So, if you’ve checked out KGG over the past few months, you’ve probably noticed that not a lot has been posted at the calendar. And sadly I don’t see that changing in the near future.
What can I say? Things change. Shawn left Korea a couple of years ago. I have a family now, so don’t really have much time for going to concerts.
But, even more importantly, there’s no longer the same need for a concert-listing website. When I started the Korea Gig Guide in 2008, it was an unbelievable pain-in-the-butt to find shows in Korea. Most bands did not have their own websites and Facebook wasn’t in much use in Korea. Bands and clubs often did have Daum cafes or Cyworld pages, but all-too-often they were badly maintained or behind a security wall. There weren’t many websites – in English or Korean – where people could learn about the groups and the indie scene.
Today, there are many options. Almost all the groups and clubs are on Facebook. There are multiple concert listing websites in English, and plenty of English-language materials about the scene. There just is not the same need that were was when I started, nearly a decade ago.
We might post the occasional story here, and the KGG Facebook page is still going strong. But for the most part, the Korea Gig Guide is going dormant. If you were a reader of KGG, thanks a lot for checking us out and helping local artists. Keep supporting good music. Cheers!
Korean rock duo 57 are heading off for an extensive tour of the UK and Europe this May and June. Originally hailing from Jeonju, they have gone from strength to strength since relocating to Seoul. In 2015, they won the KT&G Band Discovery contest and reached the finals of the EBS Hello Rookie contest, and then in 2016 they were invited to the UK to perform at the Liverpool Sound City Festival (using the opportunity to perform around the UK for three weeks).
Now 57 is about to embark on an even bigger tour of Europe, spending seven weeks traveling the UK, France, Germany and Poland. The Korea Gig Guide was lucky enough to talk with the group before they flew out.
KGG: How are you guys feeling with regards to the upcoming tour of the UK?
We are crazy excited about the tour. It’s really long and we have so many shows. I hope that people are ready for us to come.
How are you approaching things differently this time compared to last year?
Last year’s tour was centered around an appearance at Liverpool Sound City. We emailed so many promoters and venues. Sadly, we hardly got any replies, just 5 or 6, I think. I think that one problem was that we started a little late last year. We did not realize how intense the competition was going to be. It is festival season over in Europe and so there are so many bands on tour. This year we have been working with Patrick from DoIndie to prepare the tour. We started much, much earlier this time around. I think we prepared the press pack and started reaching out to people in early November 2016. That early start really paid off and he has managed to get us 23 shows in the UK, France, Germany and Poland. Patrick’s family have even been helping out as well. His dad helped us buy a car to use for the tour and they are providing a place to stay as well as lending us their tents, sleeping bags, etc. We really appreciate all the help they are giving.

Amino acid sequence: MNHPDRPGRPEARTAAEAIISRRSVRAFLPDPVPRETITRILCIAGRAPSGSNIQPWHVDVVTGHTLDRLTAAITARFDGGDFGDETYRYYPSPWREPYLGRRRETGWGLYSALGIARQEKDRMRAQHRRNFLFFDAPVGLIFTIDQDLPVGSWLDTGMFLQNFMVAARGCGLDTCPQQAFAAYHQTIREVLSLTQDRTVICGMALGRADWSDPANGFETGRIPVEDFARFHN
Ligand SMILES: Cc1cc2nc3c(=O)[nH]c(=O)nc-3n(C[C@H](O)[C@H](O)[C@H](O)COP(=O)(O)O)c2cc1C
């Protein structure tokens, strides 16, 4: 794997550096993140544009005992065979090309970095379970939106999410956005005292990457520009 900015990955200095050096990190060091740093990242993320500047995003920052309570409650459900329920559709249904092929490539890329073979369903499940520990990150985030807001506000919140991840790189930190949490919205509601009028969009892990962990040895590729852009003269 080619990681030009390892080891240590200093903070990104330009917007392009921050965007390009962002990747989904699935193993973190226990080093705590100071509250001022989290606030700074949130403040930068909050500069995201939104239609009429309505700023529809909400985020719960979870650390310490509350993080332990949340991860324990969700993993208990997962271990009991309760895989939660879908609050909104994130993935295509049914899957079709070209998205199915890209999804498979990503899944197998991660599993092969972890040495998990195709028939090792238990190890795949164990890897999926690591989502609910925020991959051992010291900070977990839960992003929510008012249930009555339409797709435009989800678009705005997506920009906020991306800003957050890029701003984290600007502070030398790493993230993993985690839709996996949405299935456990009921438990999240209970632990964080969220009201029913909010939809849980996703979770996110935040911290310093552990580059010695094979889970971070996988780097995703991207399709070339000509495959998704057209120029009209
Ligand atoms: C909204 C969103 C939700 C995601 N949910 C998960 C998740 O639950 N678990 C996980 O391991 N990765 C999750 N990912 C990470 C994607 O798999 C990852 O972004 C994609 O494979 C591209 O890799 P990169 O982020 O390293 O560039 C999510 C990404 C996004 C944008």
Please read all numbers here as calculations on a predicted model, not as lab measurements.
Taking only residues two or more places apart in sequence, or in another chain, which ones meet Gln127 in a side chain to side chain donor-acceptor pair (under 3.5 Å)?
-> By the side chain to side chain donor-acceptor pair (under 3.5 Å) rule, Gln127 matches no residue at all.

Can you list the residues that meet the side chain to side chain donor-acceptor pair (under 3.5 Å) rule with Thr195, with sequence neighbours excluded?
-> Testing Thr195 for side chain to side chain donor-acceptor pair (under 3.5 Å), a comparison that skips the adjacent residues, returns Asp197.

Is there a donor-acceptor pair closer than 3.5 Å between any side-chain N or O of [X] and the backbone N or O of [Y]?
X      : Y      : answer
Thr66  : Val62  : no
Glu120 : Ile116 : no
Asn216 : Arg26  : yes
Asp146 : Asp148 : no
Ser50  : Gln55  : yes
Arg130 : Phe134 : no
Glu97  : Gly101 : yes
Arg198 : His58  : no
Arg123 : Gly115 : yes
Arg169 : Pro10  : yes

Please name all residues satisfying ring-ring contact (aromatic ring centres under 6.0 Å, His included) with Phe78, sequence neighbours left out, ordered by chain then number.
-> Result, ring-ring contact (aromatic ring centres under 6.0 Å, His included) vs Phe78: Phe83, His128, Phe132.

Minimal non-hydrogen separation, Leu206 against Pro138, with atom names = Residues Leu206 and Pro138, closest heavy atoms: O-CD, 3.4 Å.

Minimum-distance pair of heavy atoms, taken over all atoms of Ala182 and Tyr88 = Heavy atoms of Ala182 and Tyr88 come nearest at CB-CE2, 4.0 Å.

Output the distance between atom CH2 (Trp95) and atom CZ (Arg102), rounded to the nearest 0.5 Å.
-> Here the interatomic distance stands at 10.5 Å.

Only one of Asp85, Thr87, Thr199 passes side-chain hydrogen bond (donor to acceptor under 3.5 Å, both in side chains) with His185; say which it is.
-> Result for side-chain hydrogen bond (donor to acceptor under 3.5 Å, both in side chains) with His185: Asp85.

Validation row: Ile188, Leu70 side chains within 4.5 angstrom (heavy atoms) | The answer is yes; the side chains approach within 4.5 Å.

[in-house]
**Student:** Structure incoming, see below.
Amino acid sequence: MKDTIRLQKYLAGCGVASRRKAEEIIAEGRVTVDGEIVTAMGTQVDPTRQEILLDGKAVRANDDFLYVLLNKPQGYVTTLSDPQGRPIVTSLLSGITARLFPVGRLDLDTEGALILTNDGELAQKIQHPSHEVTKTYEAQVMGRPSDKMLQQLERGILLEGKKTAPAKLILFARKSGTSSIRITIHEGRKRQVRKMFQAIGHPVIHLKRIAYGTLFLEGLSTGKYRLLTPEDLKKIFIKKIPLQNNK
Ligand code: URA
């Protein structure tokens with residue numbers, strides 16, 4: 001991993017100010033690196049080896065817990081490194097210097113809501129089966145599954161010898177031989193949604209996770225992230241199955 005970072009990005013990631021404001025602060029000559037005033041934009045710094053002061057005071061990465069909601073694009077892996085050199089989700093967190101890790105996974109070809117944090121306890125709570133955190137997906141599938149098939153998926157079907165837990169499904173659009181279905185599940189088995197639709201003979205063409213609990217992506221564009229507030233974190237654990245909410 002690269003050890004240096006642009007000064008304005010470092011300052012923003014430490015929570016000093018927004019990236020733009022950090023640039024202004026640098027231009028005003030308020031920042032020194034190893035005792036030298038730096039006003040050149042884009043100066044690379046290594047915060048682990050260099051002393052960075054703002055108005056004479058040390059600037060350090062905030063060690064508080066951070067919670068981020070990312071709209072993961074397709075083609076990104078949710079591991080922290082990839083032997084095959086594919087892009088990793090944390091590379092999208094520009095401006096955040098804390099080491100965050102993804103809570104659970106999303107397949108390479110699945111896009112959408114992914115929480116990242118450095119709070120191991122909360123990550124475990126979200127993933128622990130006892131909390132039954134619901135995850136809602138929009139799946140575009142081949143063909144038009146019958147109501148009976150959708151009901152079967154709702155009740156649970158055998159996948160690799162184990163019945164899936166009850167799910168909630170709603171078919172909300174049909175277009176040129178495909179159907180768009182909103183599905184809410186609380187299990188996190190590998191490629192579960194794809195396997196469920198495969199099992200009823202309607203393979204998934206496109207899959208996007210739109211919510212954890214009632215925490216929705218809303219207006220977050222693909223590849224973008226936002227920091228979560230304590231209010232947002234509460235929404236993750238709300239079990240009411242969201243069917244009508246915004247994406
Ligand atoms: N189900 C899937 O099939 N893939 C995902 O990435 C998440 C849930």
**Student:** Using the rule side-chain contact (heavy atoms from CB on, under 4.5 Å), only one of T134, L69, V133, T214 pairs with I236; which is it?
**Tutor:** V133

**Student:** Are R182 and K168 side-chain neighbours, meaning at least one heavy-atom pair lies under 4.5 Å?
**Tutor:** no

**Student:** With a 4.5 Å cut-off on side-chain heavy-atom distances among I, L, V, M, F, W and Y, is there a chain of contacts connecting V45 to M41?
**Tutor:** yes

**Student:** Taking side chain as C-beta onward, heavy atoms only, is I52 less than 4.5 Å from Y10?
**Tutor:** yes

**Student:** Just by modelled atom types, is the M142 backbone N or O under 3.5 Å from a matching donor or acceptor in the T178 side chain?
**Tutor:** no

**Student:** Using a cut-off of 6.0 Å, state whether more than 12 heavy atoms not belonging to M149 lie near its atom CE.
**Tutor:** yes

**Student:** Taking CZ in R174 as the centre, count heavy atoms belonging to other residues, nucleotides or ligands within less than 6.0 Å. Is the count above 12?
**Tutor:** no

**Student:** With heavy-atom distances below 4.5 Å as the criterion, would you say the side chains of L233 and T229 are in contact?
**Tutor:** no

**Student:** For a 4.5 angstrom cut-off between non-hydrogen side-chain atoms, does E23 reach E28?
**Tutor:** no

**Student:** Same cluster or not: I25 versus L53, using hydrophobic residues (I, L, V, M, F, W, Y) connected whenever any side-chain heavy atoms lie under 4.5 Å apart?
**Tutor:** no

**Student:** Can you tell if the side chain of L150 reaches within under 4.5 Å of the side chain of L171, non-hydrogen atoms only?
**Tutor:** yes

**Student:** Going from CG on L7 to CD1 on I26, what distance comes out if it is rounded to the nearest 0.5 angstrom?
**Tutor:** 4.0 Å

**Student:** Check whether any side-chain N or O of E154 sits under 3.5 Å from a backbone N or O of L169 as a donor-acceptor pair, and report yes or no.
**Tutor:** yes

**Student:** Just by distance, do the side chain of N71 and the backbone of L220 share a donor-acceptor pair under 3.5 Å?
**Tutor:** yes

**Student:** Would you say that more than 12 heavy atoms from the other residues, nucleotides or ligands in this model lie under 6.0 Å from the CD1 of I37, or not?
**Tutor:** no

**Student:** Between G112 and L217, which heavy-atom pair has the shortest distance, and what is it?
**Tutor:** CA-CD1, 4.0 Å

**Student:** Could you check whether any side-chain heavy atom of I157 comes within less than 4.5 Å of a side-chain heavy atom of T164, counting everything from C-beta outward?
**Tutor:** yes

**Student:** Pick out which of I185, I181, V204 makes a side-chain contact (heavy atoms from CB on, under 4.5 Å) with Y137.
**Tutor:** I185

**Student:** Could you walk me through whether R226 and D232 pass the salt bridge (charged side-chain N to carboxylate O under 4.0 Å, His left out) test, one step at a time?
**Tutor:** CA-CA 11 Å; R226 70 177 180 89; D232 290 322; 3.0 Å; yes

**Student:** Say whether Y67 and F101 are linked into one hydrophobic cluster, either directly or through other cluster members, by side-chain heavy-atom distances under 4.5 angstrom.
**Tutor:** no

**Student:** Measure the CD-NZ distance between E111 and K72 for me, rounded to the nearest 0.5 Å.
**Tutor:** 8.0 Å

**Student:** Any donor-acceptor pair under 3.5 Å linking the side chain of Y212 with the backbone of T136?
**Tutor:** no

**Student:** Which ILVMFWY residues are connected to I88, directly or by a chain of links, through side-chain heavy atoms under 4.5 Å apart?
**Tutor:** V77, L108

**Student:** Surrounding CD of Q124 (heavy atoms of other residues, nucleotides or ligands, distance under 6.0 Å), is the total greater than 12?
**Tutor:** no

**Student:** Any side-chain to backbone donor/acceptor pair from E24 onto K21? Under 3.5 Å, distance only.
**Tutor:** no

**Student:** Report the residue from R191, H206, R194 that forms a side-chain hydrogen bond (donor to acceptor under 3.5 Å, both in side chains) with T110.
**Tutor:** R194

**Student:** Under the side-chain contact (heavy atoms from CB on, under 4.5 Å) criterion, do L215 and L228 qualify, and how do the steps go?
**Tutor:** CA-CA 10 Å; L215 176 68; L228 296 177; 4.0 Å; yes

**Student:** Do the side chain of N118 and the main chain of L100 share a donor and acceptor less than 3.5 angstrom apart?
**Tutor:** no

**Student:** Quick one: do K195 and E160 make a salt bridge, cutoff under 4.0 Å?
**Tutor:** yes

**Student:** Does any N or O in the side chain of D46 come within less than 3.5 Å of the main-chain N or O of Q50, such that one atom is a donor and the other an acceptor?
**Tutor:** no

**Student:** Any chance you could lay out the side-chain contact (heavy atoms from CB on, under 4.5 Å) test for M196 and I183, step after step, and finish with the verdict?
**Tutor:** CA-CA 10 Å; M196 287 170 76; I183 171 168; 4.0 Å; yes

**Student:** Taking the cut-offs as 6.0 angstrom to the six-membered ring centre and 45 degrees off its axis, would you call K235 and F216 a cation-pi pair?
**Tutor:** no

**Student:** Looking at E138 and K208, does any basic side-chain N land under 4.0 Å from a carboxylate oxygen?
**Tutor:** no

Having previously played in the UK, how does it feel to venture to other countries?
It always feels great to visit a new place. Every city seems to have it’s own unique atmosphere to enjoy. Also, each time we play a show in a new place, we don’t know if we’ll ever have the chance to go back there so we play it as it if it will be our last time to visit that place. We give it 120 percent and leave everything on the stage.
What was the biggest surprise about the shows last time?
It was a great surprise to me just to be able to be over in the UK performing. Of course, it was always a dream to do something like that, but it still felt like a dream even when it became reality. The whole thing was a bit of a challenge, as it was our first time playing outside of Korea. We learned a lot.
With 23 shows planned, how do you recharge the batteries in between shows, and what will you plan to do when not rocking out?
I have no idea! We will have to be like robots and just keep going. Actually, I am a little worried about that, but we will get through it. The adrenaline of the shows will keep us going I think. Also, Snow’s brother is coming with us to help with the driving and stuff. That means we should be able to recharge a little on the road. We have some days off from time to time as well so we will get a little sightseeing in and and relaxation time as well. I think as long as we eat well and sleep well we will be fine. We will take some energy from the audiences as well and use that to help get us though.
Could you tell us a bit about your debut album and what you’re working on now?
Our debut album consisted of seven songs that were made in the early days. The album’s title is “57” and contains a spectrum of sounds ranging from acoustic to powerful. We self-recorded that first album.
The new album which we plan to release in the summer this year is still to be recorded. We have put down some demo tracks, which are sounding great. But as soon as we come back from Europe we will be hitting the studio. This time round we won’t be self-recording it. It will all be done in a studio with the help of engineers, etc. I think it will be a much fuller sound. It’s going to be great anyway.